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That never from that most melodious bird,
Singing a love-song to his brooding mate,

Did Thracian shepherd by the grave

Of Orpheus hear a sweeter melody,
Though there the Spirit of the Sepulchre
All his own power insuse, to swell

The incense that he loves.


Oh happy sire, and happy daughter!
Ye on the banks of that celestial water
Your resting-place and sanctuary have found.
What! hath not, then, their mortal taint defiled

The sacred, solitary ground ?
Vain thought! the Holy Valley smiled

Receiving such a sire and child;
Ganges, who seem'd asleep to lie,
Beheld them with benignant eye,

And rippled round melodiously,
And rollid her little waves to meet

And welcome their beloved feet.
The gales of Swerga thither fled,
And heavenly odours there were shed

About, below, and overhead;
And earth, rejoicing in their tread,
Hath built them up a blooming bower,

Where every amaranthine flower
Its deathless blossom interweaves
With bright and undecaying leaves.
Three happy beings are there here,
The sire, the maid, the Glendoveer;
A fourth approaches : who is this
That enters in the Bower of Bliss ?

No form so fair might painter find
Among the daughters of mankind;
For death her beauties hath refined,

And unto her a form hath given Framed of the elements of Heaven; Pure dwelling-place for perfect mind. She stood and gazed on sire and child; Her tongue not yet hath power to speak, The tears were streaming down her cheek; And when those tears her sight beguiled, And still her faltering accents fail'd,

The spirit, mute and motionless,
Spread out her arms for the caress,
Made still and silent with excess

of love and painful happiness.
The maid that lovely form survey'd;
Wistful she gazed, and knew her not;

But nature to her heart convey'd
A sudden thrill, a startling thought,

A feeling many a year forgot,
Now like a dream anew recurring,

As if again in every vein
Her mother's milk was stirring.
With straining neck and earnest eye
She stretch'd her hands imploringly,

As if she fain would have her nigh,
Yet fear'd to meet the wish'd embrace,
At once with love and awe oppressed.

Not so Ladurlad; he could trace,
Though brightend with angelic grace,

His own Yedillian's earthly face;
He ran and held her to his breast!
Oh joy above all joys of Heaven,
By death alone to others given,
This moment hath to him restored
The early-lost, the long-deplored..
They sin who tell us Love can die.
With life all other passions fly,

All others are but vanity.
In Heaven Ambition cannot dwell,
Nor Avarice in the vaults of hell;

Earthly these passions of the earth,
They perish where they have their birth ;

But love is indestructible.

Its holy flame for ever burneth,
From Heaven it came, to Heaven returneth;

Too oft on earth a troubled guest,
At times deceived, at times oppress'd,

It here is tried and purified,
Then hath in Heaven its perfect rest;

It soweth here with toil and care,
But the harvest-time of Love is there.
Oh! when a mother meets on high

The babe she lost in infancy,
Hath she not then, for pains and fears,
The day of wo, the watchful night,
For all her sorrow, all her tears,

An over-payment of delight ?


Oh reader! hast thou ever stood to see

The holly-tree?
The eye that contemplates it well perceives

Its glossy leaves
Order'd by an intelligence so wise,
As might confound the atheist's sophistries.
Below, a circling fence, its leaves are seen

Wrinkled and keen;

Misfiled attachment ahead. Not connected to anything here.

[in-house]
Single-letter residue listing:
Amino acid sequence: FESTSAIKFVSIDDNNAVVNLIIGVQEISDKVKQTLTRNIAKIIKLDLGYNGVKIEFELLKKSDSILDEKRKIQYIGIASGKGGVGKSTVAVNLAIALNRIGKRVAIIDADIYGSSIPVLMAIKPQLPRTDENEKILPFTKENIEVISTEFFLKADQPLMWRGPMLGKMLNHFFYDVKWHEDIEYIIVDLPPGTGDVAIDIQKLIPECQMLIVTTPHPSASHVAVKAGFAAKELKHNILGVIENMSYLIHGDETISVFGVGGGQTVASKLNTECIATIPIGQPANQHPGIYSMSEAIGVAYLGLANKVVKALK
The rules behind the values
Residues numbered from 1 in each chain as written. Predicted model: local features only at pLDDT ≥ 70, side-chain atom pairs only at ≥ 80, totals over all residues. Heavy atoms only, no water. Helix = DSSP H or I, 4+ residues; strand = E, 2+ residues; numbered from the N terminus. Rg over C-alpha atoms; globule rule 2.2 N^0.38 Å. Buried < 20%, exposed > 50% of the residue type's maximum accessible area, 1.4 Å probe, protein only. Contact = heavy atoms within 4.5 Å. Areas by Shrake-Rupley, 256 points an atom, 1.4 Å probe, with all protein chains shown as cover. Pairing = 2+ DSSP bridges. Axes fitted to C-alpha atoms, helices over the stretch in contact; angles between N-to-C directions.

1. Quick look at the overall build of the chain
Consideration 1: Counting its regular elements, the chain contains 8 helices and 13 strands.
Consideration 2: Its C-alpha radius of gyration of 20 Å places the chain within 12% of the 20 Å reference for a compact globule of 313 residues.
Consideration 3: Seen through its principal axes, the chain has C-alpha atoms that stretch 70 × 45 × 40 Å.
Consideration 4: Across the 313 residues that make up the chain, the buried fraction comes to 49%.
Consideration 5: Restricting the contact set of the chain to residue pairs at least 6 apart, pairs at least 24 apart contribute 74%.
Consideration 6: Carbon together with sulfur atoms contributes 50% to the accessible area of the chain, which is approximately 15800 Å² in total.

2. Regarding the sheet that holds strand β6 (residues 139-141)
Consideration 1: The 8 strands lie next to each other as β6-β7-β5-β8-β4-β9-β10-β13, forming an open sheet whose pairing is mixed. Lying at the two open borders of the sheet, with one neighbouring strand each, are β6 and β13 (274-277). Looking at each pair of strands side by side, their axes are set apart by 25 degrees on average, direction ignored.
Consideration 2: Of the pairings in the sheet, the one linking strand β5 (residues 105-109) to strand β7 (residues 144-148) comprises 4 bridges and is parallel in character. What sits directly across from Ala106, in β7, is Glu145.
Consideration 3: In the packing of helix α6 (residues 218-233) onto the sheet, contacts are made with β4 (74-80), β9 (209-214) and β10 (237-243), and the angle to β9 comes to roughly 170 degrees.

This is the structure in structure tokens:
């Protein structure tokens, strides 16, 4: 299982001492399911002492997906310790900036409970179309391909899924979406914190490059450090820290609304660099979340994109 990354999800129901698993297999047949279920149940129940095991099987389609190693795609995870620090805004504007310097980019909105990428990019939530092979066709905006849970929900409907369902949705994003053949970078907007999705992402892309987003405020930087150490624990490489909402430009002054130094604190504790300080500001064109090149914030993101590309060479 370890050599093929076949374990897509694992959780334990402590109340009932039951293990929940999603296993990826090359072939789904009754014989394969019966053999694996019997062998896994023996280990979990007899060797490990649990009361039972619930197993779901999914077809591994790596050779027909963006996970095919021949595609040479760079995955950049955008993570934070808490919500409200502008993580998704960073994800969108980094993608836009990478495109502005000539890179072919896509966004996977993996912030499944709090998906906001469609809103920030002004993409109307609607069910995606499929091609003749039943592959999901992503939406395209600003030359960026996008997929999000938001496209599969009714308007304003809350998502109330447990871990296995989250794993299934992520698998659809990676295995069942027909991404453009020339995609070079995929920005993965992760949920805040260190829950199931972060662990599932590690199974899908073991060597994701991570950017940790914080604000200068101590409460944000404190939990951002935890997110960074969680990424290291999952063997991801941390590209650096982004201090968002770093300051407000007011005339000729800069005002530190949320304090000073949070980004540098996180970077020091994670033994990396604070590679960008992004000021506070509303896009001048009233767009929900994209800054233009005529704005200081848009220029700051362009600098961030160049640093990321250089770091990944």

No grazing cattle through their prickly round

Can reach to wound;
But as they grow where nothing is to fear,
Smooth and unarm’d the pointless leaves appear.
I love to view these things with curious eyes,

And moralize:
And in this wisdom of the holly-tree

Can emblems see

Wherewith, perchance, to make a pleasant rhyme,
One which may profit in the after-time.
Thus, though abroad perchance I might appear

Harsh and austere
To those who on my leisure would intrude

Reserved and rude,
Gentle at home amid my friends I'd be,
Like the high leaves upon the holly-tree.
And should my youth, as youth is apt, I know,

Some harshness show,
All vain asperities I, day by day,

Would wear away,
Till the smooth temper of my age should be
Like the high leaves upon the holly-tree.
And, as when all the summer-trees are seen

So bright and green,
The holly leaves their fadeless hues display

Less bright than they ;
But when the bare and wintry woods we see,
What then so cheerful as the holly-tree ?
So serious should my youth appear among

The thoughtless throng,
So would I seem amid the young and gay

More grave than they,
That in my age as cheerful I might be
As the green winter of the holly-tree.



Come back, come back together,

All ye fancies of the past, Ye days of April weather,

Ye shadows that are cast Vol. II.-Y

By the haunted hours before !
Come back, come back, my childhood;

Thou art summond by a spell
From the green leaves of the wild wood,

From beside the charmed well!
For Red Riding Hood, the darling,

The flower of fairy lore.

The fields were cover'd over

With colours as she went; Daisy, buttercup, and clover, Below her footsteps bent.

Summer shed its shining store,
She was happy as she press'd them

Beneath her little feet;
She pluck'd them and caress'd them;
They were so very sweet,

They had never seem'd so sweet before, To Red Riding Hood, the darling,

The flower of fairy lore.

How the heart of childhood dances

Upon a sunny day!
It has its own romances,
And a wide, wide world have they!

A world where phantasie is king,
Made all of eager dreaming,

When once grown up and tall ;
Now is the time for scheming,
Then we shall do them all!

Do such pleasant fancies spring
For Red Riding Hood, the darling,

The flower of fairy lore?

She seems like an ideal love,

The poetry of childhood shown, And yet loved with a real love, As if she were our own ;


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